David Diamond, SVP and Head of Internal Audit and Compliance for Lionsgate Entertainment, comments on our three tips to auditing culture.

It’s no secret that corporate culture has been at the forefront of recent news. CEOs have stepped down, lawsuits have been filed, and audit teams are looking at more culture-specific audits. However, IIA’s 2018 North American Pulse of Internal Audit suggests that only 4 percent of audit effort this year is being allocated to governance and culture. With operational, financial, IT, cyber, and fraud all taking precedence, does internal audit have resources to make an impact on an organization’s culture?

We recently spoke with David Diamond, SVP and Head of Internal Audit and Compliance for Lionsgate Entertainment, about his experience with culture audits. “Our internal audit team has been addressing potential culture issues over the past 10 years by first sending out baseline independent and confidential surveys - which we include as part of our on-going COSO entity-level controls. Our surveys are broken down by category into such areas as perceived management tone at the top, management inclusion, company change and innovation, risks taken and governance controls, knowledge of the code of conduct as well as staff’s knowledge about the whistleblower program. Then responses are reviewed for any trends and we follow up and work with management for any identified issues in order to help address.”

As COSO entity-level controls help monitor culture, internal audit teams are also adding additional audits aimed at improving company culture. Thus, we’ve added three simple tips to assess and audit your corporate culture so you know where to turn.

1. Perform a root-cause analysis to identify cultural weaknesses

As issues are identified during the course of your various internal audits, evaluate what underlying behaviors, or “root-causes,” contributed to the issues. This step helps you go beyond processes and controls to identify cultural weaknesses.

As David suggests - performing root-cause analyses can help organizations meet their cultural goals. “We have a positive strong cultural tone at the top from management that supports our code of conduct and ethics. We have been successful because we made sure at every turn to address each root cause whether it be lack of understanding about internal controls, training, or trust and transparency.”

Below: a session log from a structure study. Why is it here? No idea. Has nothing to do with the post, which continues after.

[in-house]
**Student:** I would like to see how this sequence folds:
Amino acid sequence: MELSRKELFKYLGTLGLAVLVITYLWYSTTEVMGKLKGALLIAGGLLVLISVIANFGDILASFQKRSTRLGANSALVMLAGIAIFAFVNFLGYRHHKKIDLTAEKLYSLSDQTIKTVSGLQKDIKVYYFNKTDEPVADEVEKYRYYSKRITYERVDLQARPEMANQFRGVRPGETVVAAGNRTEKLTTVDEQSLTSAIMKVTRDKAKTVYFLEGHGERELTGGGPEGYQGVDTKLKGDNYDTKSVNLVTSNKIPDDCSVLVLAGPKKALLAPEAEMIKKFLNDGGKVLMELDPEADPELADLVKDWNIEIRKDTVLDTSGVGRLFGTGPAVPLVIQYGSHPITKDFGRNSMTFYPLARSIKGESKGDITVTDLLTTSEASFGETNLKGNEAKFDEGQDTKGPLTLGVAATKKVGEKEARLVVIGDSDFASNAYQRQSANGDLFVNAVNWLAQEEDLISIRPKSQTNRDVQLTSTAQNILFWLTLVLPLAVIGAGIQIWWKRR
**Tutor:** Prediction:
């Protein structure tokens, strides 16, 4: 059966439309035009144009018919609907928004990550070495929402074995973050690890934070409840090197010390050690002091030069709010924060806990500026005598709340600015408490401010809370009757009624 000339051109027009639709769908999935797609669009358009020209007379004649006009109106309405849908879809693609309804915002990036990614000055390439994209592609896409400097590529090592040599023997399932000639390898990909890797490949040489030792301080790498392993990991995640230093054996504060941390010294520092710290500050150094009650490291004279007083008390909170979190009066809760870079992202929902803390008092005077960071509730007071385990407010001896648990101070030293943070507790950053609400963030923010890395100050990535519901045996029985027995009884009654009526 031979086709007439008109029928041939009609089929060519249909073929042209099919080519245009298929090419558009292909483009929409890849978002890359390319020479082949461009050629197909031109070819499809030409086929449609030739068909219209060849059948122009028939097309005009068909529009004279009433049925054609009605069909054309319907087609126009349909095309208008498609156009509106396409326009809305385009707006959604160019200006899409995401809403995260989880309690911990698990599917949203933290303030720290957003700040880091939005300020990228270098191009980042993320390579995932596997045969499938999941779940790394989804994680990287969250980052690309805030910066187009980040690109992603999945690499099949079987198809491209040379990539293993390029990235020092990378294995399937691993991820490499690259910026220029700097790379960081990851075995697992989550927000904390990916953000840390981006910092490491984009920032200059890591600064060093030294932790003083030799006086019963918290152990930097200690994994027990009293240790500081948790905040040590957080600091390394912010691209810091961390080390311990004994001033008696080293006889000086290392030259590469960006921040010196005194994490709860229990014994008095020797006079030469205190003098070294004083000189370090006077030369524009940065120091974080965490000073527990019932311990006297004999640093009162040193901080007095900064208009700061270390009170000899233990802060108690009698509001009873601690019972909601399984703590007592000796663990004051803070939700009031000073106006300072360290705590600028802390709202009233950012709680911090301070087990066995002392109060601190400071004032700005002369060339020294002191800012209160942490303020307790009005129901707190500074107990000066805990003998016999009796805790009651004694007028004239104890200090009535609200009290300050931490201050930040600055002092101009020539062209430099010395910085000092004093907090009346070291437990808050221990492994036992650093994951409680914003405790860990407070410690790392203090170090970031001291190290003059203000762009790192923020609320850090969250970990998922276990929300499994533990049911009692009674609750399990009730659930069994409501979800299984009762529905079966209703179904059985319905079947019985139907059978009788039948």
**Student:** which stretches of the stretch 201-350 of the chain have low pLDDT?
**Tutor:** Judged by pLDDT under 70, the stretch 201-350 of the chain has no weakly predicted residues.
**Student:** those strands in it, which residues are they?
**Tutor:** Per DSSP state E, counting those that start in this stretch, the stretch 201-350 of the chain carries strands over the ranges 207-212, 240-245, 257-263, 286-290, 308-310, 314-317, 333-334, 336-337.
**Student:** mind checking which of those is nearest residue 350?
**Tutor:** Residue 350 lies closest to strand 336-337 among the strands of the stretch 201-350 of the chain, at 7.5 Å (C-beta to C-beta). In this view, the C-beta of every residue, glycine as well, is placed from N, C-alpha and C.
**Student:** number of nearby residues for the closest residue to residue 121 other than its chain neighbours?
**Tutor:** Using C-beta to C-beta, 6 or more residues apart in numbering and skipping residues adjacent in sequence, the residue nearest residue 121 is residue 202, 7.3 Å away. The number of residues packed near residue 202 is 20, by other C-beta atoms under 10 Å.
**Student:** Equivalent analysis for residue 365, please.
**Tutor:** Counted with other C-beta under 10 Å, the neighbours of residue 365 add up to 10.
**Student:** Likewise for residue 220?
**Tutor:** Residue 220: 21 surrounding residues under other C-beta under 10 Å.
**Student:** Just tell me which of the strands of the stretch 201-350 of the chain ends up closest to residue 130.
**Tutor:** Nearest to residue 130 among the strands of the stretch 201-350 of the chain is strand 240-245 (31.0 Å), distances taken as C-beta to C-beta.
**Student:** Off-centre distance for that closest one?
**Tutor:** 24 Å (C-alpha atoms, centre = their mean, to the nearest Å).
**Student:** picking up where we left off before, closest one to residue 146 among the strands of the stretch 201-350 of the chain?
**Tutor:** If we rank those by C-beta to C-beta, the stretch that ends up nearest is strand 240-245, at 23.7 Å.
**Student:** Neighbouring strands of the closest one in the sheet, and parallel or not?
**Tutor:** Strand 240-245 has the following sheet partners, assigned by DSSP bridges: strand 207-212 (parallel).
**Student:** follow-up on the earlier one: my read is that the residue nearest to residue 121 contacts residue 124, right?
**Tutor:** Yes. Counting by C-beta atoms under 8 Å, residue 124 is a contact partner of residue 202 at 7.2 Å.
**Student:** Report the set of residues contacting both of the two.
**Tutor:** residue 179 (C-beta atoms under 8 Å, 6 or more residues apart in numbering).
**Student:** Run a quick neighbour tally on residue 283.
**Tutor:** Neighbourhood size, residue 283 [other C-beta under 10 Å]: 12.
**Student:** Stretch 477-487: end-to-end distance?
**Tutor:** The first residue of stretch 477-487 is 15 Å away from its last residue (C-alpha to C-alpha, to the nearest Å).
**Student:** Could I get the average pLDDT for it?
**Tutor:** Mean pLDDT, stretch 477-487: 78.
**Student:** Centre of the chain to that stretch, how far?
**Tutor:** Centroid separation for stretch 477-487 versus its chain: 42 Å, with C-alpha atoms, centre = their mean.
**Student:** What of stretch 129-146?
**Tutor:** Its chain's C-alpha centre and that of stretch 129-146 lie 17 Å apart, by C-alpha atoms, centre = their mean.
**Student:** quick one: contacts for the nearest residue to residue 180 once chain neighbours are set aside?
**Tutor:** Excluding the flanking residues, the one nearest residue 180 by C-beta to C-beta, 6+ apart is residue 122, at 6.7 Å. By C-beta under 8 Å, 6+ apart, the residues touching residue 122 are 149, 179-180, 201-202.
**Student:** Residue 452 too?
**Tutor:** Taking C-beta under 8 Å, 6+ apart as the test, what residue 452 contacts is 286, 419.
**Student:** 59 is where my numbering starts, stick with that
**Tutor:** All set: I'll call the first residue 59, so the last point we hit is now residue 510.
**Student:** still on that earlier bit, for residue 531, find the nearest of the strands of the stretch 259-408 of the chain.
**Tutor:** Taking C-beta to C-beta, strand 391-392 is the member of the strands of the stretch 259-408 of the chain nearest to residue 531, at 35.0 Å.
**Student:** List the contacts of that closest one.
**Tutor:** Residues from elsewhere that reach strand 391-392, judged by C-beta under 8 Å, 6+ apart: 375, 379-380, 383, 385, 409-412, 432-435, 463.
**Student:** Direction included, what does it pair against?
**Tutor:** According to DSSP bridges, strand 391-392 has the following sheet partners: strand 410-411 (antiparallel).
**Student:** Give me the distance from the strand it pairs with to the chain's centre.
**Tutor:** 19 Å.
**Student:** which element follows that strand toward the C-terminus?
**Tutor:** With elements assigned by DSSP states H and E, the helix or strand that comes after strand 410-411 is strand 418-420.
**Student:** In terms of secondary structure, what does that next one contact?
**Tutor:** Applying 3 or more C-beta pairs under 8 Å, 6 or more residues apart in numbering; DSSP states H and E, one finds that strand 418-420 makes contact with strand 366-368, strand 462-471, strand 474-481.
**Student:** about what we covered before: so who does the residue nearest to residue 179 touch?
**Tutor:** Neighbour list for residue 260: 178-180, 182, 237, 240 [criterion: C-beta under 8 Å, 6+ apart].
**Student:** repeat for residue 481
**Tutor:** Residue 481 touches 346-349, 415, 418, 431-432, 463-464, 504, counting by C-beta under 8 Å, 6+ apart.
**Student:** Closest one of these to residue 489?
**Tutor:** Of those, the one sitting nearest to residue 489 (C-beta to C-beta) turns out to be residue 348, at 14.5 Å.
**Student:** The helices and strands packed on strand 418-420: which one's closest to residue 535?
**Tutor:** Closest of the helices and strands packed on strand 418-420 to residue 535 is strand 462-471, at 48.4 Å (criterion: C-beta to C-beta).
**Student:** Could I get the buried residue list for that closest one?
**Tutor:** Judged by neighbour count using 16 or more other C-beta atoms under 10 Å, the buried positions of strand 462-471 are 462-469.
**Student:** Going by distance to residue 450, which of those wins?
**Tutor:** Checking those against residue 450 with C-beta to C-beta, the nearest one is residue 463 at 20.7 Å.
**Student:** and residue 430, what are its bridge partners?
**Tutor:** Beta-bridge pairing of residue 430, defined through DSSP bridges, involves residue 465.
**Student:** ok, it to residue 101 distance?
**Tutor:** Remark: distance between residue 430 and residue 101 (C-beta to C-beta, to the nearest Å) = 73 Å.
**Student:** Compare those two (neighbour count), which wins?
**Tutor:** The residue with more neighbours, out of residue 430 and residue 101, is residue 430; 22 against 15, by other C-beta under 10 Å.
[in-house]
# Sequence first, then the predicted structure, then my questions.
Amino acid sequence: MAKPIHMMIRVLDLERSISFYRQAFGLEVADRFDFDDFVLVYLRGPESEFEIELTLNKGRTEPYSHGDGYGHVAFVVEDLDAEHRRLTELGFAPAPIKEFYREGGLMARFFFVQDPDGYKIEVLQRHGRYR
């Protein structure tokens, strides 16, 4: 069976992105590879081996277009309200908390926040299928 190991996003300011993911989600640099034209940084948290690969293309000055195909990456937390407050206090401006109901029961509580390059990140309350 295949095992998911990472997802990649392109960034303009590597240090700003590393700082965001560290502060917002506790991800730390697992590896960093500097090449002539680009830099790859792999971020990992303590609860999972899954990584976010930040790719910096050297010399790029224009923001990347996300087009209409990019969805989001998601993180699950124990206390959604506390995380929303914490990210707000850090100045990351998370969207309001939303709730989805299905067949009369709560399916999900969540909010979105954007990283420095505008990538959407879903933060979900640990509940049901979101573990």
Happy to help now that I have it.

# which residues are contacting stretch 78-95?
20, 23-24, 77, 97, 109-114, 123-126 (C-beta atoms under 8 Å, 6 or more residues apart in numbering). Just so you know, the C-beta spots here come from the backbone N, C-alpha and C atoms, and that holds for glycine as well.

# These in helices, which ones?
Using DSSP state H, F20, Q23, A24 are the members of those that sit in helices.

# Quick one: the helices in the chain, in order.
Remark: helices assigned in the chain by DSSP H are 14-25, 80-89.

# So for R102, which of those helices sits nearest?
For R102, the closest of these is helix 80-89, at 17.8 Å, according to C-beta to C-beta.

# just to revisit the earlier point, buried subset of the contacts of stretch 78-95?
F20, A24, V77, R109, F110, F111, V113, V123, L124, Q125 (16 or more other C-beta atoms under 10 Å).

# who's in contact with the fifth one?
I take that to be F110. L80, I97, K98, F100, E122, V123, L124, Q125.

2. Break up the culture audit into smaller focal points

Start small and grow the initiative. Many auditors are hesitant to perform audits of cultural behavior as the results can be taken as a personal attack on management’s tone at the top or due to the lack of measurability with some behaviors. If auditing culture is not your specialty, then it may be more effective to perform smaller audits focused on a specific area of your entity’s culture or even a specific department. Here are some ways to start:

Perform audits in areas indirectly tied to culture. These types of culture audits often indirectly reveal potential cultural risks. Example audits include T&E, workforce planning, talent acquisition, learning and education, compliance trainings, and sales compensation.

Create focal points within cultural-specific audits. While there are opportunities to address culture in most audits, teams can narrow its focus to key areas where culture plays a stronger influence. Start with risk and cyber culture and look at varying tolerances and controls in place to monitor risk.

Find a champion. Find an executive who supports auditing organizational culture. Define the roles of what internal audit can do to help improve governance. Consider incorporating governance auditing in your internal audit charter.

3. Be patient. Improvements require time, effective communication, and follow through

A culture audit is not something that’s done quickly. As mentioned before, tone at the top of the organization is critical to success - that also includes having core values that are agreed upon, written, and expressed regularly. Next, employees at all levels need to understand the values and receive training on roles, responsibilities, and expectations. Don’t anticipate having all of these values naturally fall into place. There needs to be follow through of testing current practices, positive and critical communication of successes and gaps, and matching controls with the desired behavior. The amount of time that’s required to execute on this initiative differs depending on an organization time, skills, and resources.

“It takes a lot of time to address cultural issues. IA needs time with management to figure out a path for change. Management is often tied up working on day-to-day functions and may not have time to immediately address all the issues,” says David. “This is where corporate sponsorship at the Executive level of management and the Board can be helpful in allocating resources and setting the right priority.” Most importantly, Internal Audit “needs to be skilled in communicating and elevating any cultural issues requiring change and work with management as a change agent to help make it happen.”

If this is your first organizational culture audit, don’t navigate it alone. Head on over to our planning an audit checklist to begin planning your next audit.

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